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Navy Monitoring Acquisition Programs For Signs of Disruptions from COVID Pandemic

Ingalls Shipbuilding in May 2019. HII Photo

The Navy is keeping close tabs on its acquisition and maintenance efforts to identify any disruptions that arise from the COVID-19 pandemic, minimize any delays in deliveries and keep the industrial base as strong as possible during a difficult public health and economic time.

James Geurts, the assistant secretary of the Navy for research, development and acquisition, told reporters today he believes that “keeping a healthy defense industrial workforce and ensuring the economic wellness of the defense industrial base, those together will, again, allow us to ensure we’ve got the readiness we need to protect the country while we work our way through this challenge.”

He said he’s equally worried about keeping workers healthy and keeping cash flowing to businesses, and his enterprise is taking several steps to minimize how the pandemic affects the ships, planes, weapons and more the Navy buys and maintains.

First, he said, last week program offices took a baseline of their programs’ performance, so it would be clearer if any future quality or timeliness issues were a result of the COVID-19 pandemic or were problems that were already creeping into the program.

Second, he wants to make sure that the Navy accelerates its plans to award future work and process payments to contractors, so that there’s plenty of work and sufficient cash flows for companies with healthy workers today, and plenty of work waiting for companies that may have diminished workforces today but will eventually come back to full capacity. He said 90 to 95 percent of the contracting workforce was teleworking, but even being out of the office they had already proven they could accelerate some efforts.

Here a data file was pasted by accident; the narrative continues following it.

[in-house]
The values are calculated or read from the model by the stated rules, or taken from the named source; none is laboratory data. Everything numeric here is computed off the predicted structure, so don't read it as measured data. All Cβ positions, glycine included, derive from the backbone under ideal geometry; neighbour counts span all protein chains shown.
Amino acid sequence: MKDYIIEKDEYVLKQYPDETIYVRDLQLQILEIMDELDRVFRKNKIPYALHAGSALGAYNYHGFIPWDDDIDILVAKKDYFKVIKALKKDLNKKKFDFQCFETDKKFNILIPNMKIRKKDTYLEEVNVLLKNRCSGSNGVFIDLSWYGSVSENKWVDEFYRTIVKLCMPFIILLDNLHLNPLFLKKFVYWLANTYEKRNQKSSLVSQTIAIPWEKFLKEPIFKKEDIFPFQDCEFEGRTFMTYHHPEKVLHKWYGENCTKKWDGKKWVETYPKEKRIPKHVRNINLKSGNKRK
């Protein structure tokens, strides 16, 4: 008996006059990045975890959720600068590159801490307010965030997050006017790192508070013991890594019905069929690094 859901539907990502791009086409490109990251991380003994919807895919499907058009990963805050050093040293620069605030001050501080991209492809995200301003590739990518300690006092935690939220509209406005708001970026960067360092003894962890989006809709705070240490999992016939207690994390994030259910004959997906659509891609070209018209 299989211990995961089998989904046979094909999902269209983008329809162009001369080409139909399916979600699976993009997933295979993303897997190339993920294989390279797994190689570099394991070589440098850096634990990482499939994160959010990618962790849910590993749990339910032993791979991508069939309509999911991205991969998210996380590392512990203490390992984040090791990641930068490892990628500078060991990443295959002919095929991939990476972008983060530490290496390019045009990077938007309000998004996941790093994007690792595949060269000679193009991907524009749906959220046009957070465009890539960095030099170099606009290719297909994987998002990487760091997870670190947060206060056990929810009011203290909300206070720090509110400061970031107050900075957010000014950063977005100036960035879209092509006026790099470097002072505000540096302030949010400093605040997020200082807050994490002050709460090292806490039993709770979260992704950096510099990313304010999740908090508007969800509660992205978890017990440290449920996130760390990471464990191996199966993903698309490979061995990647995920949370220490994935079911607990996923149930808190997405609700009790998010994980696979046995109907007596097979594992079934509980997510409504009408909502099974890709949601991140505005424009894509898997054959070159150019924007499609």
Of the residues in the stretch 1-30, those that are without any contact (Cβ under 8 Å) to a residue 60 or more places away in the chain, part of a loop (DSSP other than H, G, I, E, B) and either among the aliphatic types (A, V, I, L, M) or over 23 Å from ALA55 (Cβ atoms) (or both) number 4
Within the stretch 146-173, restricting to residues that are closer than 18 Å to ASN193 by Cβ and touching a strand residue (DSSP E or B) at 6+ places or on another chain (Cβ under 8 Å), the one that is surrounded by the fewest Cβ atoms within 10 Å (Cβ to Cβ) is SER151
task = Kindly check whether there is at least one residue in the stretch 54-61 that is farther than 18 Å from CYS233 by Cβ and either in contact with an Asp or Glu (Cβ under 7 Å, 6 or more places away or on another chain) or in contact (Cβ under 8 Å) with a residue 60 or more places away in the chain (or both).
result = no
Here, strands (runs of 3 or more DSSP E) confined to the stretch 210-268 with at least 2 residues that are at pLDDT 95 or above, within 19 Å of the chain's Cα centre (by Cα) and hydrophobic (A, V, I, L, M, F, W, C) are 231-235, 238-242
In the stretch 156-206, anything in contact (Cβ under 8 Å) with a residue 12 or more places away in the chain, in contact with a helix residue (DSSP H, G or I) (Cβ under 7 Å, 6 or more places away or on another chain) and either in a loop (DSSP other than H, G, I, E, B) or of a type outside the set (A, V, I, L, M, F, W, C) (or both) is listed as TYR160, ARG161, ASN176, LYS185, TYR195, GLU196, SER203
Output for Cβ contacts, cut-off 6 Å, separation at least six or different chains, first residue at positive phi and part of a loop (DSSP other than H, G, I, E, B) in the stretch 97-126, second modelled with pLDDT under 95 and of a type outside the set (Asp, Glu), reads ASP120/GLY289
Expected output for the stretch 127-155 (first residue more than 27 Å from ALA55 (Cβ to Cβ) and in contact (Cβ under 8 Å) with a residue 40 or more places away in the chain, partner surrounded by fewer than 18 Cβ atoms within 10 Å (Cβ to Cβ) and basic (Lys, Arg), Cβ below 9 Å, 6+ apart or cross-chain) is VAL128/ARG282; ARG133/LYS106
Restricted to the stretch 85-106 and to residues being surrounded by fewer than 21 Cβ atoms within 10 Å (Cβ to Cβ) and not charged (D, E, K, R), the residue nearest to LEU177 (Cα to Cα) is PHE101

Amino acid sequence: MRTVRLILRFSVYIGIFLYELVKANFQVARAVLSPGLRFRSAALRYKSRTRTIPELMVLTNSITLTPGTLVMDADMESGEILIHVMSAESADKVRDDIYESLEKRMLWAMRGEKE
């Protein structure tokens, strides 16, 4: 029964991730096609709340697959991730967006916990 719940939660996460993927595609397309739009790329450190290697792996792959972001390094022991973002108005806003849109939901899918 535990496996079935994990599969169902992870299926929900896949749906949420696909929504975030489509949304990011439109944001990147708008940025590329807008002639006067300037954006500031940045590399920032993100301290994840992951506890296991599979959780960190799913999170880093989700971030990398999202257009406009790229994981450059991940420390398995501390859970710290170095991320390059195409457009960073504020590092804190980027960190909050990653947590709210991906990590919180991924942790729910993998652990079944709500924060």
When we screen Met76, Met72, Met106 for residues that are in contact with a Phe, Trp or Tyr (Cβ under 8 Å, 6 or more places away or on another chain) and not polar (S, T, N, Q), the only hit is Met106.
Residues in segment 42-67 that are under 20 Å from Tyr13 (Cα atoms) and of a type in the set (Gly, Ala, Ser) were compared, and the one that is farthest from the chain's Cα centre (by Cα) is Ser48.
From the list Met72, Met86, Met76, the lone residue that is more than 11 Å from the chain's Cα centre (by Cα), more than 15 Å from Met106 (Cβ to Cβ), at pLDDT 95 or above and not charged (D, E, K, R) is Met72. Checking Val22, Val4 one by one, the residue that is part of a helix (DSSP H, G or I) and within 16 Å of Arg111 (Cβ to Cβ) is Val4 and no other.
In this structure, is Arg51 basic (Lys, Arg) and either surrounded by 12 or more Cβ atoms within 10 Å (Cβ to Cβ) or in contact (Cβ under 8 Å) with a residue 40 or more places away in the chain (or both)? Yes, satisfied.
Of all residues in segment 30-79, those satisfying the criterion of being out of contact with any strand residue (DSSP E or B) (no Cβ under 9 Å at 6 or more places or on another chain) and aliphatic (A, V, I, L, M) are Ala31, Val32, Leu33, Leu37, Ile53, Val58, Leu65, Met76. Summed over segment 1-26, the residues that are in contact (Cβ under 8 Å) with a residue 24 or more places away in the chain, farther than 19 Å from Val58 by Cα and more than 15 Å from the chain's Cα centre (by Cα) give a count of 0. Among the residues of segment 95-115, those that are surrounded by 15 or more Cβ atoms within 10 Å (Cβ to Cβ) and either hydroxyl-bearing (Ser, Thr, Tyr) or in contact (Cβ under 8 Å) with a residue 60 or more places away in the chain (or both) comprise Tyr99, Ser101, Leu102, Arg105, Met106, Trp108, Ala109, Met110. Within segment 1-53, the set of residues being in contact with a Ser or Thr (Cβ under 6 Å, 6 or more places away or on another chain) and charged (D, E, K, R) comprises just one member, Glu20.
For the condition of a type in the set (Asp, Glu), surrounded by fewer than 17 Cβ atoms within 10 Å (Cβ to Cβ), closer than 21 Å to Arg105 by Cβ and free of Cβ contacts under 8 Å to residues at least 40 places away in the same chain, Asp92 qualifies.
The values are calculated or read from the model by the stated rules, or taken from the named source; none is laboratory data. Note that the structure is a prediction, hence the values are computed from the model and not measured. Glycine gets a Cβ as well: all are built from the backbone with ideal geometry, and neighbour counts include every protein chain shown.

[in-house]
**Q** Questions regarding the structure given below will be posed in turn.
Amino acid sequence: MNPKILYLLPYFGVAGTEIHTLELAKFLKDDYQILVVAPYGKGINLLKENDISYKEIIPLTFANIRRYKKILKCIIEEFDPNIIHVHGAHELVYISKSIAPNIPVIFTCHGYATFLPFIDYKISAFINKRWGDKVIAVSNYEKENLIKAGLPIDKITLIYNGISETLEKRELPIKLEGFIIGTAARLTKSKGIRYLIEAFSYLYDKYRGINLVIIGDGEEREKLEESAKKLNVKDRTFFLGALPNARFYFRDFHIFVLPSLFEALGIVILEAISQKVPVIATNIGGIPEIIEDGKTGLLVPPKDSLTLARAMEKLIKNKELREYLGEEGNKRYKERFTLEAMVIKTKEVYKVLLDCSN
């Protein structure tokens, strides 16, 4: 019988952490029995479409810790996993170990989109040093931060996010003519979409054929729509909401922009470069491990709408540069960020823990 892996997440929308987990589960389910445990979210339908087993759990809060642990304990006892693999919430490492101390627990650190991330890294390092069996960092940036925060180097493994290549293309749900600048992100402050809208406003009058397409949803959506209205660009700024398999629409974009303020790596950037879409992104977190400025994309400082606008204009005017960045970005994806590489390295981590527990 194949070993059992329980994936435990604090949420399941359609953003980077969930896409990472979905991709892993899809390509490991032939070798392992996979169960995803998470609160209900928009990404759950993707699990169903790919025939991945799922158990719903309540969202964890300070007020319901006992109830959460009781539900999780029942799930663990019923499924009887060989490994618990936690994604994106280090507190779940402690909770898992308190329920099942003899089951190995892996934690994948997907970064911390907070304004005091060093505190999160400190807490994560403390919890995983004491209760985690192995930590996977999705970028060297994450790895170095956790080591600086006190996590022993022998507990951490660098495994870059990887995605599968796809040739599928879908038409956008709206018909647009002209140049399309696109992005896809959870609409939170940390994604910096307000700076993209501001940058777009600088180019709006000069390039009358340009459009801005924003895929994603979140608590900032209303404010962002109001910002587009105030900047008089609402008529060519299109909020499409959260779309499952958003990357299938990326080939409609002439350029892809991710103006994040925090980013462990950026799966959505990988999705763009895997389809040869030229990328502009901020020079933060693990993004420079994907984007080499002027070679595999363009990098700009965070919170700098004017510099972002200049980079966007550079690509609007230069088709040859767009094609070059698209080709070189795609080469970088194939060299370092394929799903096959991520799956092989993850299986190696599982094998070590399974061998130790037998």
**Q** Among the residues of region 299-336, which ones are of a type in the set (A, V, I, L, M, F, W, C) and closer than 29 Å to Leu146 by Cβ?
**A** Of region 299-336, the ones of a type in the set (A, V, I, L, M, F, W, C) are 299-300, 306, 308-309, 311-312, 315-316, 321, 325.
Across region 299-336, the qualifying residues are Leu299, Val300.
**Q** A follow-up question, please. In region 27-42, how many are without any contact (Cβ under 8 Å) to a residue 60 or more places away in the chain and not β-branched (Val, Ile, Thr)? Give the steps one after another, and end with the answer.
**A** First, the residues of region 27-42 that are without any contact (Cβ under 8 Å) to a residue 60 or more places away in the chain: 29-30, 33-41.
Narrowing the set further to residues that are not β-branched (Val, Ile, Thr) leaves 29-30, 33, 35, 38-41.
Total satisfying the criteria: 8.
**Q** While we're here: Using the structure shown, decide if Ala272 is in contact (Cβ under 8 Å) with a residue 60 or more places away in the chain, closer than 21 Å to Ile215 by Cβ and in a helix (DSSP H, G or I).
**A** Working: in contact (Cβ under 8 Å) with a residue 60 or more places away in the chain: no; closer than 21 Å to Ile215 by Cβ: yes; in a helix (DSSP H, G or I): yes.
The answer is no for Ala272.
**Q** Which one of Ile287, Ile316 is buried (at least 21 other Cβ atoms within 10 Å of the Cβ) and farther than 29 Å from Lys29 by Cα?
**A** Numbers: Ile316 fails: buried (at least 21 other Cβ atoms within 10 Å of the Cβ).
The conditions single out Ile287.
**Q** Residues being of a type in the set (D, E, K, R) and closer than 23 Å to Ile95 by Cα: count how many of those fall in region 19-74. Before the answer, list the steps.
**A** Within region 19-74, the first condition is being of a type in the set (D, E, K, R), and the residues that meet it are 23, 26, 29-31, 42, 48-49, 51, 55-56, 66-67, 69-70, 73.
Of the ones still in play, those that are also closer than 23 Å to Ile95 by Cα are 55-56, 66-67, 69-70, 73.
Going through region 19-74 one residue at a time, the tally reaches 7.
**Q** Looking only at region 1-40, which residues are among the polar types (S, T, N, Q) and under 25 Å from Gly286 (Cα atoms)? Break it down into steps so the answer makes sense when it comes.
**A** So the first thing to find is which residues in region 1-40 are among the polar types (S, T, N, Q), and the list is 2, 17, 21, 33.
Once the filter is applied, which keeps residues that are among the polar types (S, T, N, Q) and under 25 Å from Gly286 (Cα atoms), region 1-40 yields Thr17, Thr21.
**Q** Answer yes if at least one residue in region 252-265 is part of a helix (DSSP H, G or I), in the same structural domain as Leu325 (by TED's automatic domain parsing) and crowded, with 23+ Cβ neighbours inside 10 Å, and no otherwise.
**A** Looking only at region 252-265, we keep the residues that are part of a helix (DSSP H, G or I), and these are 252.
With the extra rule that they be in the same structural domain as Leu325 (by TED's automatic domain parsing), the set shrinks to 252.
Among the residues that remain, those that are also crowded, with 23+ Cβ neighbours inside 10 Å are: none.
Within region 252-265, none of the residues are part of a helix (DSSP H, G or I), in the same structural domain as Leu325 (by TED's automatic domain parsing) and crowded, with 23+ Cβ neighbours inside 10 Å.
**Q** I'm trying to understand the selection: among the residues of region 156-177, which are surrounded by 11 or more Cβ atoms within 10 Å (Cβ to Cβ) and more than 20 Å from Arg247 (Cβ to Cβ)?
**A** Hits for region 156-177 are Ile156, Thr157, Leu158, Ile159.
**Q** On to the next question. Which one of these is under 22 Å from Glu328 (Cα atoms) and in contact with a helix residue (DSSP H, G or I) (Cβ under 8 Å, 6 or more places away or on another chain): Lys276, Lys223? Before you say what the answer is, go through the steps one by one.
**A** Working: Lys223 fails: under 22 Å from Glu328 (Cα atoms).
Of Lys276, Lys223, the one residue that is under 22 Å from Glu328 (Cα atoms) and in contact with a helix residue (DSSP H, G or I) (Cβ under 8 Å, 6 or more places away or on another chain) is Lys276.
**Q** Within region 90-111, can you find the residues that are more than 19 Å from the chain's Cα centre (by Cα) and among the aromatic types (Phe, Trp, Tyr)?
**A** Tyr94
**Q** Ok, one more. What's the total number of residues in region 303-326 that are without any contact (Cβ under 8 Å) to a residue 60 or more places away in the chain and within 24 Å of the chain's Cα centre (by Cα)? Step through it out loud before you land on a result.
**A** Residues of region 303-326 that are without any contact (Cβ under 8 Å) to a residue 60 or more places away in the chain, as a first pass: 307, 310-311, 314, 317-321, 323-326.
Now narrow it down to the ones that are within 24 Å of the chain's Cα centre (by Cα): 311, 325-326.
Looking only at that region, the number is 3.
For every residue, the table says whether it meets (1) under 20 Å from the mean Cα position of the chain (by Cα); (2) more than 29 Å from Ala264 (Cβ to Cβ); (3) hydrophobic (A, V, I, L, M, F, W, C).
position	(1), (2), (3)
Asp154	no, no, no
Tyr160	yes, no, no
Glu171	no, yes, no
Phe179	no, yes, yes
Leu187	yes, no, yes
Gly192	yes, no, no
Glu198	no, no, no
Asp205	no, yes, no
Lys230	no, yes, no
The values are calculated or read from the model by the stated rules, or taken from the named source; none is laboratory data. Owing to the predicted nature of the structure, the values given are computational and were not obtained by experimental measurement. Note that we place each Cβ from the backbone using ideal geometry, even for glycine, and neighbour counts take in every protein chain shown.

“My goal is to ensure we have the work ready to go as the workforce is ready to accomplish that work, and that we are not having any kind of delay in terms of getting work awarded, having that all lined up. I’ve asked for some pretty aggressive approaches, even with our academic partners and how do we adjust our academic research when students aren’t there and, again, use our tenets of agility and pivot speed to adjust to this disruption, not become hostage to it,” he said during the media call.

Geurts said it was premature to predict where disruptions might occur or what programs might be vulnerable to delays, but he said he was working to ensure that, “as we come out of it, we are well-positioned to then recover as quickly as possible, because all these efforts are critical to our national security.”

He made clear he had an eye on big long-term priorities like the Columbia-class ballistic missile submarine and the Ford-class carrier program, as well as the effects the pandemic and economic slowdown is having on small businesses and research labs that have less resiliency to deal with disruptions of any size.

“The large industrial operations are challenging certainly, but I would also say there’s challenges in the small operations where if one person gets sick in a six-person shop, you don’t have a whole lot of resilience there either. And so ensuring we’re smart across the whole base is what we’re all working towards,” he said.

The Navy had already been worried about its industrial base, with many critical components built by a single supplier, or small businesses being bought up by larger corporations with ties to China or other foreign countries. Geurts had undertaken a “wartime planning” effort to look at the industrial base’s health, and he told USNI News during the phone call that that planning was particularly helpful now. With tools that map out how a disruption from a single vendor would impact an entire program, Geurts said those tools could now incorporate public health data showing where the virus is spreading fastest, allowing program managers to see if they might be at risk for disruption and work with vendors in affected geographies to put extra protections in place.